In 1871, in a squalid tenement on Chrystie Street, 12-year-old Moth Fenwick lives with her mother, a fortune teller whose affections Moth craves and never receives.
It's not that they're barely making ends meet; they barely have any ends to begin with. And so Moth's mother sells her into servitude to a wealthy woman who treats Moth with cruelty.
Moth escapes and winds up on the street, attempting to make a go of it as a pickpocket before landing at Miss Everett's euphemistically named "Infant School," where young girls are groomed and tutored for their deflowering, available to the highest bidder.
If this sounds Dickensian, the comparison is apt. So well researched is this novel, so deep does it take readers into the dark and desperate life of Lower Manhattan that it is easy to believe it was written 150 years ago as a treatise decrying the fate that awaited so many impoverished young girls.
And yet interestingly, in McKay's story men are mostly consigned to the margins. It's the women and girls in Moth's life who figure largely in her development, some who would take advantage of her innocence and others who would rather protect it.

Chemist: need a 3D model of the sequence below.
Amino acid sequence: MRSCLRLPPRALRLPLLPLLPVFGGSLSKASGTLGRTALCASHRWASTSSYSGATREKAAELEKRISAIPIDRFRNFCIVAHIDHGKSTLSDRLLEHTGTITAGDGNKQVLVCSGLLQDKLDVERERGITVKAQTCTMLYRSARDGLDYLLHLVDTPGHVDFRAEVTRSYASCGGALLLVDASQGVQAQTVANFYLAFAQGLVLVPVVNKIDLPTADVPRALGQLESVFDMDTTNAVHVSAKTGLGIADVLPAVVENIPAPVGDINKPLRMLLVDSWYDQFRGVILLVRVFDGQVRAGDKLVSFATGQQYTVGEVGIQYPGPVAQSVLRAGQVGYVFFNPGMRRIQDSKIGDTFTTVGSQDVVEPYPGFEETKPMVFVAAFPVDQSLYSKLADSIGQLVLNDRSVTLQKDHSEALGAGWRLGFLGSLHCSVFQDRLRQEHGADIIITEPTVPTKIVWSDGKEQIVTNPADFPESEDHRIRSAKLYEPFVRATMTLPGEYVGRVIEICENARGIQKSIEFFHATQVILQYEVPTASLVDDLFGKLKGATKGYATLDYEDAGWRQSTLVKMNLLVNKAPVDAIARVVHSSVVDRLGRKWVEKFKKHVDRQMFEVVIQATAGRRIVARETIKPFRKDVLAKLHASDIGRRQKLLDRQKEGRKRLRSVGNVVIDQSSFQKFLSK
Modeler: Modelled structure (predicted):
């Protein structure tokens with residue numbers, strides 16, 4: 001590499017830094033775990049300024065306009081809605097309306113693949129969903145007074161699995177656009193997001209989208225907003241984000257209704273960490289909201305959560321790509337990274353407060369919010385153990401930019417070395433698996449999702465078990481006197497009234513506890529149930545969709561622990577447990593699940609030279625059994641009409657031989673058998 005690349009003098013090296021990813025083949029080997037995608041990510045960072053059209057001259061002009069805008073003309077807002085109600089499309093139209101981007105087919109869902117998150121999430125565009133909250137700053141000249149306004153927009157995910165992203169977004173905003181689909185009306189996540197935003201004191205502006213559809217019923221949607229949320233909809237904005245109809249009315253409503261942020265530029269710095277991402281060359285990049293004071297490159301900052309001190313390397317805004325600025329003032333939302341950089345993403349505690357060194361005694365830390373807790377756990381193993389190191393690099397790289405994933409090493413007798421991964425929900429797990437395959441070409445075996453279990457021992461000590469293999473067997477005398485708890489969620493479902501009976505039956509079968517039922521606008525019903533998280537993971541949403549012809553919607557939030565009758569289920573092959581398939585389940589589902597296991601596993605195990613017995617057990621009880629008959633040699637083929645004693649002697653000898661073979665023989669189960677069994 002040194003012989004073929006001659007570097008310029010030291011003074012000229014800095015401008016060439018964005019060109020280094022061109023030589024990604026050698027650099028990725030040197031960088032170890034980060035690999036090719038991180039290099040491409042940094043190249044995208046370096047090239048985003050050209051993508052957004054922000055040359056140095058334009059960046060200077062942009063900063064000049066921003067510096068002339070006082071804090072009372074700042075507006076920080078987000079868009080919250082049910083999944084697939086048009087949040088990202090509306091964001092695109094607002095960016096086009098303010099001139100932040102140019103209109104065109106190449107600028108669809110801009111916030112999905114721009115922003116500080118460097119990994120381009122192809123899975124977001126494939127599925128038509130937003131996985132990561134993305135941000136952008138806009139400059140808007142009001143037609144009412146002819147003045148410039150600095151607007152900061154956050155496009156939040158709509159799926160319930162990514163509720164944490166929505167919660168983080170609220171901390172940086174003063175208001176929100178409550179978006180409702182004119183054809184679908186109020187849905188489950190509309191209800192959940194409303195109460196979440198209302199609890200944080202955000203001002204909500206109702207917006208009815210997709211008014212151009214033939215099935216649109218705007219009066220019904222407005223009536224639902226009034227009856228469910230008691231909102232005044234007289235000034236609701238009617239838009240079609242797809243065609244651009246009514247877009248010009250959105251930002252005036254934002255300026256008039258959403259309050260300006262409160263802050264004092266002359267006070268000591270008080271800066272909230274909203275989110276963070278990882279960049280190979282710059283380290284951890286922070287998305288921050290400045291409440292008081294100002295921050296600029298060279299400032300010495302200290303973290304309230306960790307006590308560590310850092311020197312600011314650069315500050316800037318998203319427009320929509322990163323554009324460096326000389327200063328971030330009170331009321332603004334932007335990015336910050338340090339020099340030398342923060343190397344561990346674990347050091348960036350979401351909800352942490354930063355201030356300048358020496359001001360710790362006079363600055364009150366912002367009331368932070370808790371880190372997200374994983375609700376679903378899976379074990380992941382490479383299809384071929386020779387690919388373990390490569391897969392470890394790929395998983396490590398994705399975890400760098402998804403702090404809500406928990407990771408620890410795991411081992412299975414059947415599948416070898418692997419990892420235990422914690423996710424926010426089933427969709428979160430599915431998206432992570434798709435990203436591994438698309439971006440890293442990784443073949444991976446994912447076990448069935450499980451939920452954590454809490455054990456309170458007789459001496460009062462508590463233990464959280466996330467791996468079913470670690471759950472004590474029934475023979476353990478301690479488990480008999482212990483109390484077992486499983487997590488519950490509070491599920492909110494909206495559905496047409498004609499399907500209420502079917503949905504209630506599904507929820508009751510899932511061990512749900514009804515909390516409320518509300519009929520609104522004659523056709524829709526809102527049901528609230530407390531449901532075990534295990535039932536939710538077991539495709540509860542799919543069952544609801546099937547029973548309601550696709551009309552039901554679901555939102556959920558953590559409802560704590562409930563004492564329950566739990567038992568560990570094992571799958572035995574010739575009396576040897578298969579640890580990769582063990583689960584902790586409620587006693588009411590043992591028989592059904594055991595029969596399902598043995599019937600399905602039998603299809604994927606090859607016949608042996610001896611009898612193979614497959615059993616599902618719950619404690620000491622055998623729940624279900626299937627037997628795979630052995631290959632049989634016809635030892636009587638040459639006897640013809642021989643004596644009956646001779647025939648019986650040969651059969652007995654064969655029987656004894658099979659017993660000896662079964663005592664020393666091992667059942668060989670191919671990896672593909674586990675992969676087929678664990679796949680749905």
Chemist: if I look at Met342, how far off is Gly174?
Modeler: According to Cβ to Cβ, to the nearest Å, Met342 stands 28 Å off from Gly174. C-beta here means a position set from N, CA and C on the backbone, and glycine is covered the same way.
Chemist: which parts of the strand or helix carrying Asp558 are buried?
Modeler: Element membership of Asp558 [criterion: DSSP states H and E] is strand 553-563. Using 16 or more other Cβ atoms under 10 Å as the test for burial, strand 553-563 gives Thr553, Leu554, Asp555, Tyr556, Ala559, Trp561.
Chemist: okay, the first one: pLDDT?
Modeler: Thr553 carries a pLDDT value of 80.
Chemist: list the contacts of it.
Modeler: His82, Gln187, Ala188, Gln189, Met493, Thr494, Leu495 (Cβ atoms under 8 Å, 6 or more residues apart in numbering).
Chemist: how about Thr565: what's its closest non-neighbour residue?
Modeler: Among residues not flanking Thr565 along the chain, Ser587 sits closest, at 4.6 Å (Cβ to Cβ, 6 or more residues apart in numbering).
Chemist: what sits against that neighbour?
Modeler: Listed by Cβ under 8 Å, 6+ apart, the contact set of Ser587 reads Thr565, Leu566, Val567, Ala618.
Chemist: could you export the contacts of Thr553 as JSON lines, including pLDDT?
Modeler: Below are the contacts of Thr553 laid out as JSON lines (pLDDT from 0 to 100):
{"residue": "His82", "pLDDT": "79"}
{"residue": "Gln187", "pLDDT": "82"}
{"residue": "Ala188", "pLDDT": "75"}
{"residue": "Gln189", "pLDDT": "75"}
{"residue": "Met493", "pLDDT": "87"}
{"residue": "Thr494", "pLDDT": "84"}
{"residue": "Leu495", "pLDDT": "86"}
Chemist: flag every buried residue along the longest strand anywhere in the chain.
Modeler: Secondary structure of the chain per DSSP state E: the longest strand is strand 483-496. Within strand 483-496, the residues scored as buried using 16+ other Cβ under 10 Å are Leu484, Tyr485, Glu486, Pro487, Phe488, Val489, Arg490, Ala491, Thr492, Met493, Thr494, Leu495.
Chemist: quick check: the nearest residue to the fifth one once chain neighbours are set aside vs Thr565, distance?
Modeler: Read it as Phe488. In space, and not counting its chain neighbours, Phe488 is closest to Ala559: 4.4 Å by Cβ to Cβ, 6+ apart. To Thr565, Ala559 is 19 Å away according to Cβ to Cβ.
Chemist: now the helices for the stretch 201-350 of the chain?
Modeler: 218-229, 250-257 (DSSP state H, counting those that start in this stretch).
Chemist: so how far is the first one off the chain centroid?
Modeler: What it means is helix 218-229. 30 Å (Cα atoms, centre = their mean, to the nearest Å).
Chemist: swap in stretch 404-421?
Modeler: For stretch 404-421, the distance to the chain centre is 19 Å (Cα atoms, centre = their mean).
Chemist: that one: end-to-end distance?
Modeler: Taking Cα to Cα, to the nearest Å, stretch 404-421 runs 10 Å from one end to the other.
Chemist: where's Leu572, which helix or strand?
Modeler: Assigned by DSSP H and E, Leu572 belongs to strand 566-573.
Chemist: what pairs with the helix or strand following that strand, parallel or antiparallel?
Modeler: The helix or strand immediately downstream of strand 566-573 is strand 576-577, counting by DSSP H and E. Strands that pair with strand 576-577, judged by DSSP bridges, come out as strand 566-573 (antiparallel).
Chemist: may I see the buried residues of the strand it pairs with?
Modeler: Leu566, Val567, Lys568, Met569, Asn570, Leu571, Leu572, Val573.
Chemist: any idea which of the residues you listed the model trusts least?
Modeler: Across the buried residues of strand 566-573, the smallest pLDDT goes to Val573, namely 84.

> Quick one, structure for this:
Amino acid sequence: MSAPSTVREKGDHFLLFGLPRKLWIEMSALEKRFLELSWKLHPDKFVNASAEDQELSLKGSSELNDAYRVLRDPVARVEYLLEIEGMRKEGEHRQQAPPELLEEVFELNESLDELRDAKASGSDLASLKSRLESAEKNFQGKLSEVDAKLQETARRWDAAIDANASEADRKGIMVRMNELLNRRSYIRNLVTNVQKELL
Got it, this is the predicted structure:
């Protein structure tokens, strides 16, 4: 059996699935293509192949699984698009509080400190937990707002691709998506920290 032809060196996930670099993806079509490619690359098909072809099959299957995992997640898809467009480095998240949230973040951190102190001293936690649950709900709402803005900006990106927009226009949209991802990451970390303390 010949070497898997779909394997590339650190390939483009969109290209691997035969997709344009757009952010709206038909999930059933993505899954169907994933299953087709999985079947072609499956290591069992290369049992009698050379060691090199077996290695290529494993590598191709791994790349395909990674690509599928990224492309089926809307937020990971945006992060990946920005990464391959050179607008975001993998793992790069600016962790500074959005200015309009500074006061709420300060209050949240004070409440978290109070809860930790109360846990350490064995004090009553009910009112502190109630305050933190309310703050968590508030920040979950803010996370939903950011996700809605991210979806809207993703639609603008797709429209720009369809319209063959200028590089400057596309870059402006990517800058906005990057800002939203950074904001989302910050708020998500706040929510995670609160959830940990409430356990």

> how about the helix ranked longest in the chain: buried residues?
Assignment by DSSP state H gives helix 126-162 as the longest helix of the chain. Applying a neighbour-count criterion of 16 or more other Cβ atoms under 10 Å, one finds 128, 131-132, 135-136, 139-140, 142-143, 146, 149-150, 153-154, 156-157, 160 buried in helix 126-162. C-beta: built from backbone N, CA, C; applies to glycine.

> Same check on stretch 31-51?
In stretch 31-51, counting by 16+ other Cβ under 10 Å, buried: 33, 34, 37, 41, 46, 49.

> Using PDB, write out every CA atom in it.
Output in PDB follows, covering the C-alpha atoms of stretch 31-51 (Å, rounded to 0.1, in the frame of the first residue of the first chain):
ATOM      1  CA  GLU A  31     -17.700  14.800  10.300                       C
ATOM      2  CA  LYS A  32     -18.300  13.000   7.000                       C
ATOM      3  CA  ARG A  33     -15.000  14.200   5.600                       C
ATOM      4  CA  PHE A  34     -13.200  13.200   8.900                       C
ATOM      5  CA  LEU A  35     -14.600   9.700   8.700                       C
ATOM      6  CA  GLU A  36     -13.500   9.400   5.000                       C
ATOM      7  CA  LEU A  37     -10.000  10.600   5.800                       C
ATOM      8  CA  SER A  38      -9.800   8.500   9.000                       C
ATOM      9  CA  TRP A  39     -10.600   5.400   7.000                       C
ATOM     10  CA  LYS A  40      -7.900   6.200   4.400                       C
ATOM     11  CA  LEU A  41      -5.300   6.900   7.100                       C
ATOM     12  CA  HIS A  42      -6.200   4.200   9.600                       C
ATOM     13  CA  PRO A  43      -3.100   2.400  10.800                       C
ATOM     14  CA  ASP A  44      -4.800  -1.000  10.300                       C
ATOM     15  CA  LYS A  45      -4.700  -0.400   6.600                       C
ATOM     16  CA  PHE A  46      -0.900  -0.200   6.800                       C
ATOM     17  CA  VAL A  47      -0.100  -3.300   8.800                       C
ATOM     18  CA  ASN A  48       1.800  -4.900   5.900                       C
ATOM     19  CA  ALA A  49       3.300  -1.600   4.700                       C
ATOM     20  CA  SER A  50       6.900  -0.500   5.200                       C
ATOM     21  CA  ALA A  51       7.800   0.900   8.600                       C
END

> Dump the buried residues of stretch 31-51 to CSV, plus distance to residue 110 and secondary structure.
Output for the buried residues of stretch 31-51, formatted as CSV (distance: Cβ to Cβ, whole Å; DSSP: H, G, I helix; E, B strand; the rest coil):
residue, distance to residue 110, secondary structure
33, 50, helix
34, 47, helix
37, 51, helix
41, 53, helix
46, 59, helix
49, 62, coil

Among the latter is Dr. Sadie, who treats the poor and destitute and takes an interest in Moth. (Side note: Sadie is based on McKay's great-great-grandmother, a doctor in late 19th-century New York who was one of the first women to graduate from the school founded by Elizabeth Blackwell and her sister Emily.)
Moth herself is a remarkable character, at once jaded and naive - knowledgeable enough in the ways of the world that she recognizes what she's going to need to sacrifice for her security, yet innocent enough to trust the good intentions of most people. Her story is told in her own voice, layered with journal entries from Sadie and interjections from newspaper stories and opinion pieces. The novel is an immersive coming-of-age story, unnerving and powerful.